Did you know that April is Stress Awareness Month? Sponsored by The Health Resource Network (HRN), a nonprofit health education organization, Stress Awareness Month is a national, cooperative effort to inform people about the dangers of stress, promote successful coping strategies, and dispel harmful misconceptions and misperceptions about stress.
High-Stress Levels Can Be Hard on Your Heart
We’ve all felt our hearts race when an unexpected (and unexpectedly ugly) bill rears its nasty head or when the kids refuse to submit those online assignments on time. But did you know that high levels of stress drive up your risk of heart attacks and other cardiovascular problems including high cholesterol, blood clots, and even cardiac arrest?
Stress doesn't just affect your sense of wellbeing and calm, stress can even affect you on a cellular level! Long-term stress and stress disorders can lead to a wide range of illnesses—from headaches to stomach issues to depression—and yes, even strokes and heart disease. Understanding the mind/stress/health connection can help you better manage stress and improve your health and well-being.
The American Heart Association notes that “More research is needed to determine how stress contributes to heart disease — the leading killer of Americans. But stress may affect behaviors and factors that increase heart disease risk: high blood pressure and cholesterol levels, smoking, physical inactivity, and overeating.”
What is Stress?
Basically, it’s the fight or flight response that’s hardwired into our nervous system. It’s the response that keeps us safe and gets us moving quickly when there’s an immediate threat — like running from a charging dog, fire, or oncoming object.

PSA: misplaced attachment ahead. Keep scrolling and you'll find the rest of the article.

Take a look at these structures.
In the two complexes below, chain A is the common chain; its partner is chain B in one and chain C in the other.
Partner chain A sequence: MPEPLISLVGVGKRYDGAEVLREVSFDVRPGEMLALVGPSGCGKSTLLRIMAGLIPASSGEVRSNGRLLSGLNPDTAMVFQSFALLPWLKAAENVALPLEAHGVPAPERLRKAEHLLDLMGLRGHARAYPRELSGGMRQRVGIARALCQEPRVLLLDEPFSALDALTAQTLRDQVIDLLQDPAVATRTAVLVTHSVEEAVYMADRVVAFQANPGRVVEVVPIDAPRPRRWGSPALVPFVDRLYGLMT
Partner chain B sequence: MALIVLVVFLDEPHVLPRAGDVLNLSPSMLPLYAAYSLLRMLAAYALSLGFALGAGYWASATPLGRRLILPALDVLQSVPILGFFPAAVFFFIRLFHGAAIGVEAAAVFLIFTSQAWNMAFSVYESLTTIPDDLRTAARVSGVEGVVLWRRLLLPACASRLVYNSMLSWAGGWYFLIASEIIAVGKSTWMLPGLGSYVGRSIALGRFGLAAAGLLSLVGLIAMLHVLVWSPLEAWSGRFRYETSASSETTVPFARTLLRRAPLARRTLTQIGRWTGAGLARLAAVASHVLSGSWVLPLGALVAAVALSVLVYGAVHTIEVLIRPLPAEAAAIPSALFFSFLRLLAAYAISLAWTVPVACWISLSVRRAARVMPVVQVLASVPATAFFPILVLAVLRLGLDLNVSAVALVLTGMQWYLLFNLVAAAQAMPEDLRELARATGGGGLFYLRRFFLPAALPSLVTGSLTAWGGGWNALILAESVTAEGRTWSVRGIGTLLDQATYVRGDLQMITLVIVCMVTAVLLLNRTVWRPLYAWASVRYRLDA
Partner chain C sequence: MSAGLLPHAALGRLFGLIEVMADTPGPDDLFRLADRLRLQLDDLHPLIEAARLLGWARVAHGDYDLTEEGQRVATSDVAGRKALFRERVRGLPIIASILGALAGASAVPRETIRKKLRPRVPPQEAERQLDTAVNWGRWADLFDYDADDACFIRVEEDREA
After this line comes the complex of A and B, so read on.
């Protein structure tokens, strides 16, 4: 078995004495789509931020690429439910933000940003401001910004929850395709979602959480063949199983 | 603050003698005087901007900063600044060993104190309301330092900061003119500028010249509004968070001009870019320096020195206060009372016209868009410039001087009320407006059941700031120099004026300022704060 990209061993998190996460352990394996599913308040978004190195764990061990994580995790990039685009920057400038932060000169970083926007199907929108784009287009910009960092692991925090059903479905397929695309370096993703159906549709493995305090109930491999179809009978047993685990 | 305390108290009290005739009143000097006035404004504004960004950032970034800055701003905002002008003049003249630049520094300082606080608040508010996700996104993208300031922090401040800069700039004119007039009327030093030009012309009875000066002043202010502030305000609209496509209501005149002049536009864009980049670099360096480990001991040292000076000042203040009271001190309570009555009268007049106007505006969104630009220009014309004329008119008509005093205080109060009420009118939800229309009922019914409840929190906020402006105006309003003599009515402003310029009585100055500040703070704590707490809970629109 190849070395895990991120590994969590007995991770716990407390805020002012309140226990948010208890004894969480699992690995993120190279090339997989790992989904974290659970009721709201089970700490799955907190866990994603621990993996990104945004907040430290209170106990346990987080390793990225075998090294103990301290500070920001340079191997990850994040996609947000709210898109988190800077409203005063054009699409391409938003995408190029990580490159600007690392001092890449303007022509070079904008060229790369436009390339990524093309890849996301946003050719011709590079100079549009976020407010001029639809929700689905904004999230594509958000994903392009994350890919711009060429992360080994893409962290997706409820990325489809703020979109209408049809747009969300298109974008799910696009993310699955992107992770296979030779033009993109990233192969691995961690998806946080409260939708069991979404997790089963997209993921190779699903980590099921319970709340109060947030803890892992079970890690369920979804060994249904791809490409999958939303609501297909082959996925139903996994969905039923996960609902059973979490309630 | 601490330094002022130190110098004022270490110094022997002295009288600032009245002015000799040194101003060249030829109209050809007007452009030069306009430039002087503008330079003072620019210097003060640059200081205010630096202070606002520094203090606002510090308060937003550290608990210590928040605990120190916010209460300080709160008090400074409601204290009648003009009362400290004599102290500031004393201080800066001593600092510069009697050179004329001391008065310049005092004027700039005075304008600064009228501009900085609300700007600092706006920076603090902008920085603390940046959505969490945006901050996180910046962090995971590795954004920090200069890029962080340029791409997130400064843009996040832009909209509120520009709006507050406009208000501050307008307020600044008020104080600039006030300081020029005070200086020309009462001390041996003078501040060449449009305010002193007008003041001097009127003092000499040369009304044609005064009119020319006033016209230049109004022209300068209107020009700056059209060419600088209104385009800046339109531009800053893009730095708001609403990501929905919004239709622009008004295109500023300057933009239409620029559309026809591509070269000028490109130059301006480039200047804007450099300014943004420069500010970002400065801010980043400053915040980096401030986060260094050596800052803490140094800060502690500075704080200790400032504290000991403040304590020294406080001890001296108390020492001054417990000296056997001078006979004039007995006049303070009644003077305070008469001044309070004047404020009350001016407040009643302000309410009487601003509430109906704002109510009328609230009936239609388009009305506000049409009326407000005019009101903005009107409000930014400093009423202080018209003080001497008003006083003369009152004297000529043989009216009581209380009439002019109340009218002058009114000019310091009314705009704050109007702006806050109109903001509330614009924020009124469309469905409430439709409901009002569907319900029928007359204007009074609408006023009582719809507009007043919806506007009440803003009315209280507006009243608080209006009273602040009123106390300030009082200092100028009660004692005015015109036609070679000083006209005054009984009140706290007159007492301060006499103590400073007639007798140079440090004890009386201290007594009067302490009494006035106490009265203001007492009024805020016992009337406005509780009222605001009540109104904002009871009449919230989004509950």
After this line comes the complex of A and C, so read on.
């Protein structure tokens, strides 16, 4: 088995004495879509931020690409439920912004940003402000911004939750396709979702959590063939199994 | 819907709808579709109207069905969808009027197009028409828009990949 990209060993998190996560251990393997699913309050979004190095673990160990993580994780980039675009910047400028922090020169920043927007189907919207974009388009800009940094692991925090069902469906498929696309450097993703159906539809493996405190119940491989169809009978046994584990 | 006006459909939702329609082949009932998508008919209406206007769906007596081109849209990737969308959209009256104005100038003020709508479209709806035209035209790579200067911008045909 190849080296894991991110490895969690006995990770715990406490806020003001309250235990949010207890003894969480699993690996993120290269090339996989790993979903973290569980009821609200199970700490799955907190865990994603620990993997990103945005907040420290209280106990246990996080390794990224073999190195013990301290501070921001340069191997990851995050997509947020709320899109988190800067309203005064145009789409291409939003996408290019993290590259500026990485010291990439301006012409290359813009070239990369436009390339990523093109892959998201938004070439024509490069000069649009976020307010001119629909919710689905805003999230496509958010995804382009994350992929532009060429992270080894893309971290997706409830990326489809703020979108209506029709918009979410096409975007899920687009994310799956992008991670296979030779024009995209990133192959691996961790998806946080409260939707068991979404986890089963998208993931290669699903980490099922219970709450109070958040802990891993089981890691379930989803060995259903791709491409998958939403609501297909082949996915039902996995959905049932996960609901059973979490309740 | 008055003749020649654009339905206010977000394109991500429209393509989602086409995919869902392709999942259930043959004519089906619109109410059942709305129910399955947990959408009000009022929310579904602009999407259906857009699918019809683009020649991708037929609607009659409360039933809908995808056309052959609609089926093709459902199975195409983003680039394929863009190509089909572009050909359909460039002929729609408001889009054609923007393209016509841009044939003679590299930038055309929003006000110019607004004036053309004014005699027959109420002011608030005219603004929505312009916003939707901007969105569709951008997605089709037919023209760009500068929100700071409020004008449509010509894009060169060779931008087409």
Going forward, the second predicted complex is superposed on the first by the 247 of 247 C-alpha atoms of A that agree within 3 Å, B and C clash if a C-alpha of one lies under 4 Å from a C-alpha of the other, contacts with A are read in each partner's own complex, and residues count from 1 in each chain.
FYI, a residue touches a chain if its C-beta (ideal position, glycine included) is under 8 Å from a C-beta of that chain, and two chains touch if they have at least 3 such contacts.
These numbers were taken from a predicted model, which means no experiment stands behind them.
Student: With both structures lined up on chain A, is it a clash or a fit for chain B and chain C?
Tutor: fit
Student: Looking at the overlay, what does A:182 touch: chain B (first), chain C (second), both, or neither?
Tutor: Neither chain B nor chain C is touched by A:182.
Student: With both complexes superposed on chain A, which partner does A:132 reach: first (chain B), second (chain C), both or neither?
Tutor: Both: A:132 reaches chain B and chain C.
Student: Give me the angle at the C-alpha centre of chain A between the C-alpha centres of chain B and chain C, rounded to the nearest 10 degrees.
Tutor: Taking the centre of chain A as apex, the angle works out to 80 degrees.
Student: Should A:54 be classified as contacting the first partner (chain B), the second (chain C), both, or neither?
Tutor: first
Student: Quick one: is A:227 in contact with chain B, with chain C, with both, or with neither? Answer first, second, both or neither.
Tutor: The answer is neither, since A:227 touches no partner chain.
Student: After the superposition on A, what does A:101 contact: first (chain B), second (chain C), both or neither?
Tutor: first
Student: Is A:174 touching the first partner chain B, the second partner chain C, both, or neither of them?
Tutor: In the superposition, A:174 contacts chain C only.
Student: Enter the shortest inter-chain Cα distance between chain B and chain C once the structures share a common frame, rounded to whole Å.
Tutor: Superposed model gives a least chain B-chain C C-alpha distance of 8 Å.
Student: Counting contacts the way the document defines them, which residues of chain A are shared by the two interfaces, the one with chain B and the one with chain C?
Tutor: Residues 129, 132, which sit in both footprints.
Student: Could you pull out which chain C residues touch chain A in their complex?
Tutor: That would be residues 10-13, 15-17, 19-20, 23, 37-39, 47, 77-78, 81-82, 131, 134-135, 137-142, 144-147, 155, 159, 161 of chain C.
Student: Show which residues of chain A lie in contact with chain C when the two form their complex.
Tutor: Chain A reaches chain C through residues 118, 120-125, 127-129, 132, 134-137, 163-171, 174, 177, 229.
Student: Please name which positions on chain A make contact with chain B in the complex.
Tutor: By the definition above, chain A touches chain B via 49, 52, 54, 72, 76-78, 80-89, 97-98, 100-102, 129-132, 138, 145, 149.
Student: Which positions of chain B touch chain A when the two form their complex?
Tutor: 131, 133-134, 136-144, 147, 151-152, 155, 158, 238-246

“When you perceive a threat, stress hormones rush into your bloodstream—increasing heart rate, blood pressure, and glucose levels. Other hormones also suppress functions like digestion and the immune system, which is one of the reasons why chronic stress can leave you more vulnerable to illness” (Federal Occupational Health).
Although danger is a common stress trigger, toxic work environments, uncertain finances, traumatic experiences, family stress, or anxiety can also lead to chronic stress. A bad day at the office or a one-off disagreement with a loved one won't damage your health in the long run, but chronic stress can dampen your immune response and put you at an increased risk for cardiovascular and other diseases.
What Can You Do To Manage Your Stress Levels?
Here are a few great ways to manage stress safely and effectively (they all just happen to be heart-healthy choices, too!):
- Do yoga with a friend
- Drink a cup of herbal tea
- Call a friend
- Go for a walk
- Snuggle with a pet
- Eat a piece of fruit
- Play an instrument
If your stress is pressurized like a firehose, ask for help. Look for a local or online stress management class or find a therapist who specializes in stress disorders. You don’t have to tackle this on your own!
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DISCLAIMER: Information and resources found on the aed.com website and blog are intended to educate, inform, and motivate readers to make their health and wellness decisions after consulting with their healthcare provider. The authors are not healthcare providers. NO information on this site should be used to diagnose, treat, prevent, or cure any disease or condition.